The most hiked section of the Appalachian Trail
The southern tip of the Appalachian Mountains, with its temperate climate, slow changes in elevation and lush greenery, is a haven to hikers from around the world. People flock to the Smokies especially to spend time on any number of trails, but the trail that is most popular and the one that a lot of people want to tackle part of is the Appalachian Trail. One end of the AT starts in the Smokies, in northern Georgia. From that point you can work your way north to the heart of the Smokies in North Carolina and Tennessee, passing through state parks and national parks along the way. It is a gradual climb that will inspire both awe and a renewed sense of respect for the mountain folk and Native Americans that hiked these trails season after season in the time before their were European style cities in the area.
In North Georgia, you will start at Springer Mountain, one of the southern most areas of the Smokies. Technically you are in the foothills of the Smokies at this point. The gentle slopes, the gradual climb, the verdant landscapes will help to build your anticipation as you progress north. In this area, you will pass near towns and civilization. The hike takes you near several state parks with facilities that are open almost year round, depending on the weather. The North Georgia part of the AT is some of the easiest hiking that the trail has to offer. Even if you start here when it is late spring you will find that the elevation is not high enough to give you the extremely cold temps that you will encounter in the highest elevations.
One of the next high points on the trail that you will come across is Fontana Dam. At this point on the AT you have made your way into North Carolina, your second state if you are heading north from Georgia. Fontana Lake is one of those TVA created lakes that took in the small towns of Judson and Proctor (near present day Bryson City) when Fontana Dam was established in the early part of the 20th century. As the trail winds around Fontana Dam, you are going to start to gain some serious altitude. The elevation change will start to reveal a change in the wildlife and the flora around you. Just north of Fontana Lake and Dam, yes you follow the dam as you start up the mountain, you will climb until you are walking the ridge of the Great Smoky Mountains in the GSMNP. You are also walking the Tennessee / North Carolina line at this point on the trail.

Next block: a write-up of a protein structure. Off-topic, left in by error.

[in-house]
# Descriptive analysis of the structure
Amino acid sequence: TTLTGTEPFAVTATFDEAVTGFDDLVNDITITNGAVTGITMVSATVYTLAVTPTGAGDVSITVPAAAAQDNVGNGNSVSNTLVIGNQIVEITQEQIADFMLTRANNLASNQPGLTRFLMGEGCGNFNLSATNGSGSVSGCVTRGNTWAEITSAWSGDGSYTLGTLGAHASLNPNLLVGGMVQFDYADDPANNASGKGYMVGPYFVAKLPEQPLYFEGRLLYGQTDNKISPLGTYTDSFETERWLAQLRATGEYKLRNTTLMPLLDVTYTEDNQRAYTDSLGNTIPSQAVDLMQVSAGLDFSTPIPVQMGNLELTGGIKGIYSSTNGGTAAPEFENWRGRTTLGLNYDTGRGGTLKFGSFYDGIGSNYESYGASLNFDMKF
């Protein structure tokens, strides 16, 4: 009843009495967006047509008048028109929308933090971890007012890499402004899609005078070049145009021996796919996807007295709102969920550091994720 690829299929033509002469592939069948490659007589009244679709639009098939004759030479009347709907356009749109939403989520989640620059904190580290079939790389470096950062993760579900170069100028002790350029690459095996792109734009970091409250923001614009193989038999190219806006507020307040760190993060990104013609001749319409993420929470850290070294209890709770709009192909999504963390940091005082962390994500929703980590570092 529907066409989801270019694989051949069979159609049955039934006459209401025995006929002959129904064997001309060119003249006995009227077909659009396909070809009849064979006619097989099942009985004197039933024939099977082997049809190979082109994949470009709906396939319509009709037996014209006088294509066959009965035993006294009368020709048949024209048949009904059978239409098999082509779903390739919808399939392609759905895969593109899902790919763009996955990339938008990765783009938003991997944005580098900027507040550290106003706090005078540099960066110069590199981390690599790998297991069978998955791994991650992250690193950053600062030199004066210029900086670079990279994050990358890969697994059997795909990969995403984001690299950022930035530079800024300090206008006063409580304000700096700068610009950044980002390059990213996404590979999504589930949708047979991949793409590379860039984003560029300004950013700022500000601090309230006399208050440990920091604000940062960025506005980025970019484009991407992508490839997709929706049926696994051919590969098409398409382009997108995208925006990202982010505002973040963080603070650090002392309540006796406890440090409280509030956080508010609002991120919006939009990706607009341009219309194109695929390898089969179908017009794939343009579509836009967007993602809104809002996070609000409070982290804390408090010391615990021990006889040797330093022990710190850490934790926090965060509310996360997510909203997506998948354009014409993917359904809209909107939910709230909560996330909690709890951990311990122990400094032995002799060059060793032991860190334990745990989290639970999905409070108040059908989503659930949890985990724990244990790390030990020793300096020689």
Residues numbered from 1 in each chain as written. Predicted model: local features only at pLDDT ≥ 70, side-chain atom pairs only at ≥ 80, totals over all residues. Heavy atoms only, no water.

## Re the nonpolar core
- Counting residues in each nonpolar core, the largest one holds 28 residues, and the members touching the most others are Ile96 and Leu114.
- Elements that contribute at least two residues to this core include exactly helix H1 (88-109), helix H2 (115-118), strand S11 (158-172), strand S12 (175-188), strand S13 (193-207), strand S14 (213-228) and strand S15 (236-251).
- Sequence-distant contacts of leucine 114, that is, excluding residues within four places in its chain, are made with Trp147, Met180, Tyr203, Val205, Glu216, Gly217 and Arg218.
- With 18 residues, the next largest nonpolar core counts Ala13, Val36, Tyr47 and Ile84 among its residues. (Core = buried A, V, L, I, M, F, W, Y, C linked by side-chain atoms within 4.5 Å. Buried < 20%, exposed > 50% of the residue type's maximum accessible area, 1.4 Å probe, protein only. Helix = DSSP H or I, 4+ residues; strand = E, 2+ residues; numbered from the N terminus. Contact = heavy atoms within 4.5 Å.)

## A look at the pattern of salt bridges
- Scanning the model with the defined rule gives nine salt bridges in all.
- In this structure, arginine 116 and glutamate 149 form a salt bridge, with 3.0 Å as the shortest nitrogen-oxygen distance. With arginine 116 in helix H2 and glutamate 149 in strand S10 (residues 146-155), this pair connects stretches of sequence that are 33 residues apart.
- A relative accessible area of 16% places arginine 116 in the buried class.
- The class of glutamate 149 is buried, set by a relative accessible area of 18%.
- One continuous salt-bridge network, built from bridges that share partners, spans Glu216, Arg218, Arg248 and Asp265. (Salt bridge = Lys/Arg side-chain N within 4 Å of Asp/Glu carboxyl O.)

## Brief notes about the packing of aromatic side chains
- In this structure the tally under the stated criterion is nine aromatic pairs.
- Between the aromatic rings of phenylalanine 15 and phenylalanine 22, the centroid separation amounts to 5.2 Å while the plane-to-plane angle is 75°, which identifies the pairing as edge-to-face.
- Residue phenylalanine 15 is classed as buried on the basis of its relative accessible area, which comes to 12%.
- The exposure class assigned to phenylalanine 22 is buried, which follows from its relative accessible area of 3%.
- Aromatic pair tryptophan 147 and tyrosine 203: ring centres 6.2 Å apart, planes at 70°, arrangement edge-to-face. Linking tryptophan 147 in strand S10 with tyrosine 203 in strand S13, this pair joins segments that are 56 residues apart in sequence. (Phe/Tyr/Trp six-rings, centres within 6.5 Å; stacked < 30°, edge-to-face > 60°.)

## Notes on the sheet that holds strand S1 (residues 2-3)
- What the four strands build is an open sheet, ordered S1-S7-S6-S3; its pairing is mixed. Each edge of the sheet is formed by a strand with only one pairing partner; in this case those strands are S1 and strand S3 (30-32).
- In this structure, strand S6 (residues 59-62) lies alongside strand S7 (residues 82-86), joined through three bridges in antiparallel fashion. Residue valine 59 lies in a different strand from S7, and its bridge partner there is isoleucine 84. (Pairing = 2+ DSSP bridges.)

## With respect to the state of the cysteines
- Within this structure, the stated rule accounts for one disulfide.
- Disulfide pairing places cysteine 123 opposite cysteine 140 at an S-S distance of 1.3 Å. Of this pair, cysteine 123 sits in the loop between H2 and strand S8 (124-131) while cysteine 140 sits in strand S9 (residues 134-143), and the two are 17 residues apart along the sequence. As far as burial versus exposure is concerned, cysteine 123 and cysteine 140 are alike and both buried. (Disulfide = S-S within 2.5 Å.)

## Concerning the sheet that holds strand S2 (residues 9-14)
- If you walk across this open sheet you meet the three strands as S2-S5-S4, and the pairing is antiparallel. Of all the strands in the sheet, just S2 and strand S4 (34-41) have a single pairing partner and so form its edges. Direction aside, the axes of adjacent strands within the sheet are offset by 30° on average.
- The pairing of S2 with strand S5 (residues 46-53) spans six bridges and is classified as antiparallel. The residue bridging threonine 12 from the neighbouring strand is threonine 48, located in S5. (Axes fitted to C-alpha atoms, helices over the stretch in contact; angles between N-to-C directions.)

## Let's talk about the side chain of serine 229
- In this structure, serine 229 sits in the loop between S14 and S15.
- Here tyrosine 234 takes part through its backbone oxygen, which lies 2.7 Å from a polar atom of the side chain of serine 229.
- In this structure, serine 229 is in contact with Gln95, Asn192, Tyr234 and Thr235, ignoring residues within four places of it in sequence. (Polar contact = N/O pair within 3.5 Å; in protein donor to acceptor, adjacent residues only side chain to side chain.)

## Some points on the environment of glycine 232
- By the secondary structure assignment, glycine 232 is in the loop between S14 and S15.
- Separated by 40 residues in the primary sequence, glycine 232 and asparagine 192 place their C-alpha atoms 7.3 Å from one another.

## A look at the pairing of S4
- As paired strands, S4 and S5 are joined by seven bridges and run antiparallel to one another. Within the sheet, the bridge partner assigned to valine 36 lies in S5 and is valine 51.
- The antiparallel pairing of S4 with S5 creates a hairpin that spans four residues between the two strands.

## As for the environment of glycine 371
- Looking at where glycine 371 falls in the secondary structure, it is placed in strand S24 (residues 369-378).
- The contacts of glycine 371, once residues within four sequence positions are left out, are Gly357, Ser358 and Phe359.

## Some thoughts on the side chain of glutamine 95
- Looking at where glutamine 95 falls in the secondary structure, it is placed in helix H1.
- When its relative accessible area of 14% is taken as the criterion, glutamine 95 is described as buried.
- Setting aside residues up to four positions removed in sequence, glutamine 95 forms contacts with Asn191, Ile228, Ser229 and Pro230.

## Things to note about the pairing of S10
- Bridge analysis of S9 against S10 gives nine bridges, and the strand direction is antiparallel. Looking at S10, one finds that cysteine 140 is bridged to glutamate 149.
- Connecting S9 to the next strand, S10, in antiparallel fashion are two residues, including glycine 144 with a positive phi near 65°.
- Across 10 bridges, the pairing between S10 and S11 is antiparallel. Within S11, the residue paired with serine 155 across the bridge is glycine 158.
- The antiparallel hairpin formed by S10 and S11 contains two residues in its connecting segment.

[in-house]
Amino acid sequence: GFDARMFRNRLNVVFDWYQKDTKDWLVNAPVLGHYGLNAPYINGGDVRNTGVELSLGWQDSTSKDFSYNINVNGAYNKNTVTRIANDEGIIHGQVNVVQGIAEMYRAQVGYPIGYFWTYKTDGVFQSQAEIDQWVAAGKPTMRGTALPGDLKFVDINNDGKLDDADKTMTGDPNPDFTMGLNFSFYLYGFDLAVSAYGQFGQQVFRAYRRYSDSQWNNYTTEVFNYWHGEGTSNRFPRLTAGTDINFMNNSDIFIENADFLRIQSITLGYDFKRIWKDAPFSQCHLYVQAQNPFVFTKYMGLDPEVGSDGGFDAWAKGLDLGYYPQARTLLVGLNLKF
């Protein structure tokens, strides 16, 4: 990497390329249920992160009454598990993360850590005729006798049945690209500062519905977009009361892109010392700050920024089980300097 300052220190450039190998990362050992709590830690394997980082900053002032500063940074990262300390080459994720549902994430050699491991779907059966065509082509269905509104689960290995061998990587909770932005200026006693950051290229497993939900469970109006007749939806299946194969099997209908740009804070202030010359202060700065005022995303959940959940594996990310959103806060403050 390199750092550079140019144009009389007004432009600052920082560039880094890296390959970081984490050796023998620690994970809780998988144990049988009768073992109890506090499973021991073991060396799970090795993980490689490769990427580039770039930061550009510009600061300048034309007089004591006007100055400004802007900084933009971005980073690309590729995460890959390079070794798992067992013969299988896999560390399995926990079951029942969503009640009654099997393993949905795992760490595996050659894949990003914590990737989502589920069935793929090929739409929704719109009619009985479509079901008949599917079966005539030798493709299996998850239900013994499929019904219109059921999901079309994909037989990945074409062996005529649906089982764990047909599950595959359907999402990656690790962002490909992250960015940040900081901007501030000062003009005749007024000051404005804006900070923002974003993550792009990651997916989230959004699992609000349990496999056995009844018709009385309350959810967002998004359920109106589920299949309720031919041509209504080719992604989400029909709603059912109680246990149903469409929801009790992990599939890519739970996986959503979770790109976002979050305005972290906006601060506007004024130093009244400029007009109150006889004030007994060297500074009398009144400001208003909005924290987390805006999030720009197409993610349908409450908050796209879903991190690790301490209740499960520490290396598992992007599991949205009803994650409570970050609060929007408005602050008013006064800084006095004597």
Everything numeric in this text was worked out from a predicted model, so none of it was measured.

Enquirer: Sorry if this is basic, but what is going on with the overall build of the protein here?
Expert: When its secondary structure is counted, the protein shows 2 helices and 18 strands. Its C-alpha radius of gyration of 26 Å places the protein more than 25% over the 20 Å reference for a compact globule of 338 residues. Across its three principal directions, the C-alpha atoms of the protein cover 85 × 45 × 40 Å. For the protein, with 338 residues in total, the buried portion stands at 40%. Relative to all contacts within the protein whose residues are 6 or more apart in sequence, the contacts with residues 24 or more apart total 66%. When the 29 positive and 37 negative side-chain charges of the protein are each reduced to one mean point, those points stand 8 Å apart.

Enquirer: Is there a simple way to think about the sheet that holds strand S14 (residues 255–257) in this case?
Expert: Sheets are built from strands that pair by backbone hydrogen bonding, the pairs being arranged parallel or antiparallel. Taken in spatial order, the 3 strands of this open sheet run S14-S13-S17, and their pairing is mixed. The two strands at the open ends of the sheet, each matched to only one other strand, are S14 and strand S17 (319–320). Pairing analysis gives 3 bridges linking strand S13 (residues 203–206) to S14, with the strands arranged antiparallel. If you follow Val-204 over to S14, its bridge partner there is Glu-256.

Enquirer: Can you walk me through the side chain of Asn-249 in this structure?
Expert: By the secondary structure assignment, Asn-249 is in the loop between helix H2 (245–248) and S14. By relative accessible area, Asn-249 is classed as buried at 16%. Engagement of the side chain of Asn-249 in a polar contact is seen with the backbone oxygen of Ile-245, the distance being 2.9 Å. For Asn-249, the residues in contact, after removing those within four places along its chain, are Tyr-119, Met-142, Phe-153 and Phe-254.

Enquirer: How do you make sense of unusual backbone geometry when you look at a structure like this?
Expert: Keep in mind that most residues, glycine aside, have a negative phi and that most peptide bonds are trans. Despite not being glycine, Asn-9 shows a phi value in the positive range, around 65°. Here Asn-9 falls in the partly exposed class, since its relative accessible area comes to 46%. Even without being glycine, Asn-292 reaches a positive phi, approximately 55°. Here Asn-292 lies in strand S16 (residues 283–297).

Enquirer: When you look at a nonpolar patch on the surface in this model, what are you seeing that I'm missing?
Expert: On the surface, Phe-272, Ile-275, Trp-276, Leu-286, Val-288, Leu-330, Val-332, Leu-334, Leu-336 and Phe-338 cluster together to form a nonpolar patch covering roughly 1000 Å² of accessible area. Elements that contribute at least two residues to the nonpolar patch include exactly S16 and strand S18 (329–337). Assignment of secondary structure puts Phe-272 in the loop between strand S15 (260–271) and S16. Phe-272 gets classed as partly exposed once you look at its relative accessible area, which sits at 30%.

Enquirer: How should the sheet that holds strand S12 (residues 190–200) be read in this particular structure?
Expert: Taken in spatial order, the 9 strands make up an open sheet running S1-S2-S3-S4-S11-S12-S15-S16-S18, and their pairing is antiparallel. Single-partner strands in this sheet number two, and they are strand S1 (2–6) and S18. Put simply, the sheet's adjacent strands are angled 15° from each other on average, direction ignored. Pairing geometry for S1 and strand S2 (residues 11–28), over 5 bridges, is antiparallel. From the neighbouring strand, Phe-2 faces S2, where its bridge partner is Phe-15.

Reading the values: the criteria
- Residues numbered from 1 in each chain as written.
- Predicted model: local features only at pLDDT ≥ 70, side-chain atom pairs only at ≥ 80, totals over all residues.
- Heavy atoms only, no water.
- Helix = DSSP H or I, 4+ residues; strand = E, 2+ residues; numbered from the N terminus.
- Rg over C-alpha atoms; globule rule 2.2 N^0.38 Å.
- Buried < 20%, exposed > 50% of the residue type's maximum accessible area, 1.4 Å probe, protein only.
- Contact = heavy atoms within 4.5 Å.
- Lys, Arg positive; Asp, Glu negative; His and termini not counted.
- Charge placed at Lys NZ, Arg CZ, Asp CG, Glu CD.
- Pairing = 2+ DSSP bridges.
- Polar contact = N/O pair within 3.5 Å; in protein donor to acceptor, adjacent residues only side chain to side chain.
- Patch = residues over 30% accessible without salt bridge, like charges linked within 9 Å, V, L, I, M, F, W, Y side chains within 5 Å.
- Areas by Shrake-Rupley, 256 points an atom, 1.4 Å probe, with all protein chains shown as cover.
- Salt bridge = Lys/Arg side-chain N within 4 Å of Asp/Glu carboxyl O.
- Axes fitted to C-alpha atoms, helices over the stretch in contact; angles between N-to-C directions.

Clingman’s Dome and Newfound Gap Road
The top of the world in the Smokies is Clingman’s Dome. You will go all the way to the top of this part of the mountain as you progress northward on the AT. The climb to Clingman’s Dome will take some time even for the most seasoned of hikers but the breath taking views from these peaks are like no other you will find east of the Mississippi River. As you reach the summit of the Great Smoky Mountains National Park, you will immediately start back down again. Soon you will arrive at the most visited portion of the GSMNP, the piece of the Appalachian Trail that starts at the Newfound Gap parking area and trailhead. From this point you can hike almost 2 miles of the AT, the most hiked portion of the 2,200 mile trail.
Roan Mountain State Park
If you were to hike from the Newfound Gap trailhead and continue northward the next focal point you are going to come to is Roan Mountain State Park in Tennessee. If you happen to plan your hike through accordingly you can spend some time at the top of the mountain in the rhododendron garden while it is in bloom. Bring a camera and prepare to take a lot of pictures. With the Catawbas in bloom it is a pink and purple wonderland of color. Roan Mountain also has lots of facilities that a Thru-Hiker might need to take advantage of like campgrounds and other amenities.
Hike the various pieces of the Appalachian Trail int he Smoky Mountains. Take in the terrain and the sights and the sounds of nature from the trails that make up the AT. Hike the most hiked portion of the trail and then you too can say that you hiked the AT!